The societal movements to put sexuality in a closet ignore the nature of humanity and sexuality altogether. When we deny a fundamental part of ourselves, we lose the ability to embrace ourselves and our bodies for what they are. Sexuality is an important part of the human experience that should be accepted as a part of our nature.

Sex is an expression of the human body and its passion. To deny this is to assume that these passions and these natural urges do not mean anything. To assume that sex is an aspect of humanity that should be suppressed is to neglect its necessity.

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What does queer mean?

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The word “queer” remains controversial, but while some still do find the term derogatory, most LGBTQ+ people have proudly reclaimed the anti-gay slur and use it in a positive light.

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In the English language, queer dates back to the 16th century, and was possibly derived from the German word ‘quer’, which translates as ‘oblique’ or ‘perverse’.

Originally defined as “odd”, “strange” or “peculiar”, the term “queer” took on a more sordid meaning from the mid-20th century when it was used to pejoratively refer to those with same-sex desires, especially gay men.

But, with the rise of LGBTQ+ activism in the 1970s and 1980s, some gay rights campaigners positively reclaimed the word “queer” as an umbrella term for gender and sexual minorities.

Today, queer is widely used by millennials as an inclusive term to refer to anyone who is not straight and/or not cisgender.

But, for some people, particularly older generations, “queer” still carries negative connotations.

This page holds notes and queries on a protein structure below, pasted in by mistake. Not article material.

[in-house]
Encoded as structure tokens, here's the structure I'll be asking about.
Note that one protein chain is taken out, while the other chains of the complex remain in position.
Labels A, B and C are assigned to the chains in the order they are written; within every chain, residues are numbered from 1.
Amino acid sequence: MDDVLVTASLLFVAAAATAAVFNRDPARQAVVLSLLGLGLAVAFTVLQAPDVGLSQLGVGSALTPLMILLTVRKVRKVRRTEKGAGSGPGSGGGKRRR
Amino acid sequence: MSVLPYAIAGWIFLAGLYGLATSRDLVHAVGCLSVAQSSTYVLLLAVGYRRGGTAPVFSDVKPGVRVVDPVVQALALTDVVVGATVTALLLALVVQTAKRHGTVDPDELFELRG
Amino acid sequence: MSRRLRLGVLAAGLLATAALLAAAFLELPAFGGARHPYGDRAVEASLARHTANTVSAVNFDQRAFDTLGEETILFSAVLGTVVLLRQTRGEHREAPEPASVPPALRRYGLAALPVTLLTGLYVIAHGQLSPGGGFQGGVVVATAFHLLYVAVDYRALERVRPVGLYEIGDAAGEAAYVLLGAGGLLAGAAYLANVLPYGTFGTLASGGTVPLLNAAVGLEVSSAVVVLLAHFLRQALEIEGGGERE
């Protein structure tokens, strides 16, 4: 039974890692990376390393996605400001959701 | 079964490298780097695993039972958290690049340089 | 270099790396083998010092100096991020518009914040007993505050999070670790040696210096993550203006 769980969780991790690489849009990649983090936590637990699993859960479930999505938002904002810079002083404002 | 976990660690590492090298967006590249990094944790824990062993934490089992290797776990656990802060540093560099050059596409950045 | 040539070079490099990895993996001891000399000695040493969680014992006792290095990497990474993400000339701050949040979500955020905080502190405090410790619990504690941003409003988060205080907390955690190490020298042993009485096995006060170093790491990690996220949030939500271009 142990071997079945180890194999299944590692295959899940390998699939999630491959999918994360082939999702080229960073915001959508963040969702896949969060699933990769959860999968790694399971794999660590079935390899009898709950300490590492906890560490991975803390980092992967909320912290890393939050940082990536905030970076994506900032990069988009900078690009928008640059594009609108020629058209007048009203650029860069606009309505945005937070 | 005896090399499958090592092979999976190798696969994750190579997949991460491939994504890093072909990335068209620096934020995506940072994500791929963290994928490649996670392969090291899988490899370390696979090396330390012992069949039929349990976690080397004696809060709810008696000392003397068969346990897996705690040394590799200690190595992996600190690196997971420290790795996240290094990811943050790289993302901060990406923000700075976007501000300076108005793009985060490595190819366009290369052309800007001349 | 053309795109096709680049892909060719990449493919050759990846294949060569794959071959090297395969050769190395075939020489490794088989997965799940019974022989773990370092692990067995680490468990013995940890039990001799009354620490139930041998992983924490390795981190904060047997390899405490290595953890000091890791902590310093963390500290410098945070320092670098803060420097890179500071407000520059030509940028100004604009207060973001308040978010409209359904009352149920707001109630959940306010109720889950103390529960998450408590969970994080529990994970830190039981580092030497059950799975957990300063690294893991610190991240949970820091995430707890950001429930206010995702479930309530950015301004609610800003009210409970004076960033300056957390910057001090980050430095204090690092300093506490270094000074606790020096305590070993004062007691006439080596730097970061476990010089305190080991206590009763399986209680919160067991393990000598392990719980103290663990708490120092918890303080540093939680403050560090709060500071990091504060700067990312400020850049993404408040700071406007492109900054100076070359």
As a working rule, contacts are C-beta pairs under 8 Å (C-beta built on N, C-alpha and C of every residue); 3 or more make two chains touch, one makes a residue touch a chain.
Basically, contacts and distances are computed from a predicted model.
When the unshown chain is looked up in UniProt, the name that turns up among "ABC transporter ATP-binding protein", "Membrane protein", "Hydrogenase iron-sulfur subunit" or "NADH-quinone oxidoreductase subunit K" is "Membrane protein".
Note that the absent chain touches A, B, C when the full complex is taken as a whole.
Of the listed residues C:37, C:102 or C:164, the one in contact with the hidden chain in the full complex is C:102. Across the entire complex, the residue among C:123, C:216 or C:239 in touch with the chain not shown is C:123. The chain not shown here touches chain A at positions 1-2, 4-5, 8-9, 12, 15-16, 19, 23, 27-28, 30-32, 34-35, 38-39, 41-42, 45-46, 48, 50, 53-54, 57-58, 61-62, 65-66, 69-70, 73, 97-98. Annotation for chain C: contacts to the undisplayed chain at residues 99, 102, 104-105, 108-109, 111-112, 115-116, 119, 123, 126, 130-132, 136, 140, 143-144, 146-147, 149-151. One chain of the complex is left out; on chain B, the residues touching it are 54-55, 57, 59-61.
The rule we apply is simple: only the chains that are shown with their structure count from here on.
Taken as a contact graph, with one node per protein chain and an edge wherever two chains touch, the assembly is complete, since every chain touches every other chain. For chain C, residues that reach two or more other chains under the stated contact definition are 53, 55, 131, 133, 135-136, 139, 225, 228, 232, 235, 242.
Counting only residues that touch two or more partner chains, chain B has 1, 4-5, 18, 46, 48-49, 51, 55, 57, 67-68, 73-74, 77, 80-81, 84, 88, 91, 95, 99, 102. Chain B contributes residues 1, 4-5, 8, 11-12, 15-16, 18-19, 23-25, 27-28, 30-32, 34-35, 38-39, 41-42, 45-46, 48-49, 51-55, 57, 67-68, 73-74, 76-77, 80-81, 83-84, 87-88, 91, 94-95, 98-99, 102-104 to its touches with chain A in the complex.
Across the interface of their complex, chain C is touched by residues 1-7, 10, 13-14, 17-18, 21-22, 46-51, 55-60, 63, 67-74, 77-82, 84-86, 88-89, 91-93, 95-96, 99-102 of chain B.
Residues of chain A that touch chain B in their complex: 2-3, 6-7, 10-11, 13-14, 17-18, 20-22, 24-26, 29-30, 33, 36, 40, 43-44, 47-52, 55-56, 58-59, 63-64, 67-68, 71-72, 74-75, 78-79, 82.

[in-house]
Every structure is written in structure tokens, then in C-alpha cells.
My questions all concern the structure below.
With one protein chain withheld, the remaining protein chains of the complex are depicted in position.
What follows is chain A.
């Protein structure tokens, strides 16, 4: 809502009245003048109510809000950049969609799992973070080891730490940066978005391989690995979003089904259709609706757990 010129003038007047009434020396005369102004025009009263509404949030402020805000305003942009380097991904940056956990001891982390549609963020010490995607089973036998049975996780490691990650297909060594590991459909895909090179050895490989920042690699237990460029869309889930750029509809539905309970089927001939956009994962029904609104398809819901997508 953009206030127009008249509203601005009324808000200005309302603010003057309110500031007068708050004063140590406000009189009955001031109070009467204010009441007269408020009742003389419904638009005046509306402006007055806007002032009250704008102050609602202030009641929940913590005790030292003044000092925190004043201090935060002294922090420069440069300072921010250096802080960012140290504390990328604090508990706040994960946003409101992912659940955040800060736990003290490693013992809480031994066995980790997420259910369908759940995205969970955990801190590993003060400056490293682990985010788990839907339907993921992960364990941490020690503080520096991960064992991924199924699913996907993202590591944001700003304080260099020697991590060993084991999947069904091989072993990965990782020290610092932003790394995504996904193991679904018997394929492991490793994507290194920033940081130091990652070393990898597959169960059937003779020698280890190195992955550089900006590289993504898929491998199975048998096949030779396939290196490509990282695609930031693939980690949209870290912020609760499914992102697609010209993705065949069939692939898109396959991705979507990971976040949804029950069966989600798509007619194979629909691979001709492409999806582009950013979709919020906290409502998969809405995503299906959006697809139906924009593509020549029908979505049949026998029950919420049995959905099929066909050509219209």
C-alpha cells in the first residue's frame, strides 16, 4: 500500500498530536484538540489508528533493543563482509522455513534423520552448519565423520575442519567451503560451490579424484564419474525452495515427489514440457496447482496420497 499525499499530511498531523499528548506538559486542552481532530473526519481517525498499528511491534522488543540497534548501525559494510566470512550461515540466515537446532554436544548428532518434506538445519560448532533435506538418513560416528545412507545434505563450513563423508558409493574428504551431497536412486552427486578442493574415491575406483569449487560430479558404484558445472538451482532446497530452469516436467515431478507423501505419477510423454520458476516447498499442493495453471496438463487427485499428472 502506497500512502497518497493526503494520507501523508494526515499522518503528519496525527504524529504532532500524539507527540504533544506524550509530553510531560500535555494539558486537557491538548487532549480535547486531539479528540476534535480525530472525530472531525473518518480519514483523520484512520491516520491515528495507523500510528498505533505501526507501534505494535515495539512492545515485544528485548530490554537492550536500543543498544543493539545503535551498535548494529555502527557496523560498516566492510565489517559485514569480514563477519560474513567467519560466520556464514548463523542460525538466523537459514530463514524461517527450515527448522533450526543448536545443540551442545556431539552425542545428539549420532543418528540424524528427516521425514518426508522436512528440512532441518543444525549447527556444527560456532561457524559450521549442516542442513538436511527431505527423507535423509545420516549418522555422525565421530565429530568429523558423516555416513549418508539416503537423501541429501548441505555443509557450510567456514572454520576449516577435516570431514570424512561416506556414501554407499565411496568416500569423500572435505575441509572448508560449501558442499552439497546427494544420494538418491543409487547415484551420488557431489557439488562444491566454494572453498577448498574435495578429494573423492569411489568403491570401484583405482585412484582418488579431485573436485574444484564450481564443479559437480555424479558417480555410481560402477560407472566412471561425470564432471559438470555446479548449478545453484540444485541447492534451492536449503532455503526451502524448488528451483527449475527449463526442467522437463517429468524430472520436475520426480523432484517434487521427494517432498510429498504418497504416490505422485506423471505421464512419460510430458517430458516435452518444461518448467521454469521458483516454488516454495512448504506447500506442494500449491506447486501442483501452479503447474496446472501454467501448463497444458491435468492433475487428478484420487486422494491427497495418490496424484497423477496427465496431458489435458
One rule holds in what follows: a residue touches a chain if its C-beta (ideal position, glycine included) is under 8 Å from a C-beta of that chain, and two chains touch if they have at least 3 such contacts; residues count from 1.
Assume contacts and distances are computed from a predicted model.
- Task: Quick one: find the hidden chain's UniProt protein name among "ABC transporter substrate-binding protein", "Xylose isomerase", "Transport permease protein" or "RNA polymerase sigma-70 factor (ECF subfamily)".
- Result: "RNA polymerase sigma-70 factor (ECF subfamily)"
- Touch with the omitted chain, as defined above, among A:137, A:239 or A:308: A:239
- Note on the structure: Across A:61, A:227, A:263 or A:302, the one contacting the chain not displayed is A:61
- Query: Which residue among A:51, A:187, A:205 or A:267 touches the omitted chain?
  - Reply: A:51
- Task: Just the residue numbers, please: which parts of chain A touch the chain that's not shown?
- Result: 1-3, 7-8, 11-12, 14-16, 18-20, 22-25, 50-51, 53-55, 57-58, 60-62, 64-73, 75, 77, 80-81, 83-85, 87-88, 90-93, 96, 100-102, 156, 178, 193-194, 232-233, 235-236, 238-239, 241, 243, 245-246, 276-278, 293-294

Just last month, Twitter banned some users who had described themselves as “queer,” facing a backlash from those who had reclaimed the term.

Definitions

According to Brian Lewis, whose book British Queer History was published in 2013, the word “queer” today has three primary uses.

He explains: “’Queer’ is used in three main ways: as an act of reclamation from homophobes; as an umbrella term for the micro divisions of the LGBT+ community; and as a marker of sexual fluidity in opposition to heterosexual and homosexual binaries and identities.”

For Lewis, the term “queer” is “one of the most useful—and controversial—categories of analysis in the study of sexuality.”

Similarly Alan Butler, a research fellow in history at the University of Plymouth, who is also secretary in the LGBTQ+ arm of the Oral History Society, recognises this contradiction.

“’Queer’ has had multiple meanings through time,” he says. “Currently it’s framed by many as an umbrella term for people who exist outside of heteronormative and cis gender norms. For many people though it’s been derogatory and still is.”

Meanwhile, Justin Bengry, who lectures in and convenes the Queer History MA at Goldsmiths, University of London, the first course of its kind in the UK, says: In academia we often use ‘queer’ as an umbrella term.

“As an inclusive term to include the widest range of gender and sexual diversity in the past and the present.”

He continues: Some activists too have positively reclaimed ‘queer’ as an inclusive term that welcomes people beyond the LGBT spectrum or whose identities fall outside those categories.

Some people don’t want to be identified by LGBT categories – they reject being cateogrised and being labelled.

Queer and same-sex desire

Early recorded examples of queer meaning same-sex desire include a letter written in 1894 by John Sholto Douglas, 9th Marquess of Queensberry.

Bengry talks about a letter he has read dating from the 1930s where the writer talks about being “queer” in reference to his desire for another man.

He explains: Even though he’s writing in terms that are similar to our understandings of ‘gay’ today, there are still important differences in the past. But he’s certainly writing about same-sex desires.”

The mid-20th century and negative meaning

From the mid-20th century onwards, however, the term “queer” started to take on a negative meaning and was used to pejoratively refer to LGBTQ+ individuals, particularly gay or bisexual men.

Bengry says that by the mid-20th century “queer” was being used in a way that was “derogatory and venomous and negative.”

Butler explains: “In the 1940s, 50s and 60s, the term was very prevalent and used to describe and often put down LGBT people.

“It tended to be associated most closely with gay men and was used as an insult. The continued through the 80s and 90s and even today some people use it as an insult or as a term of hatred.

Reclaiming the word “queer”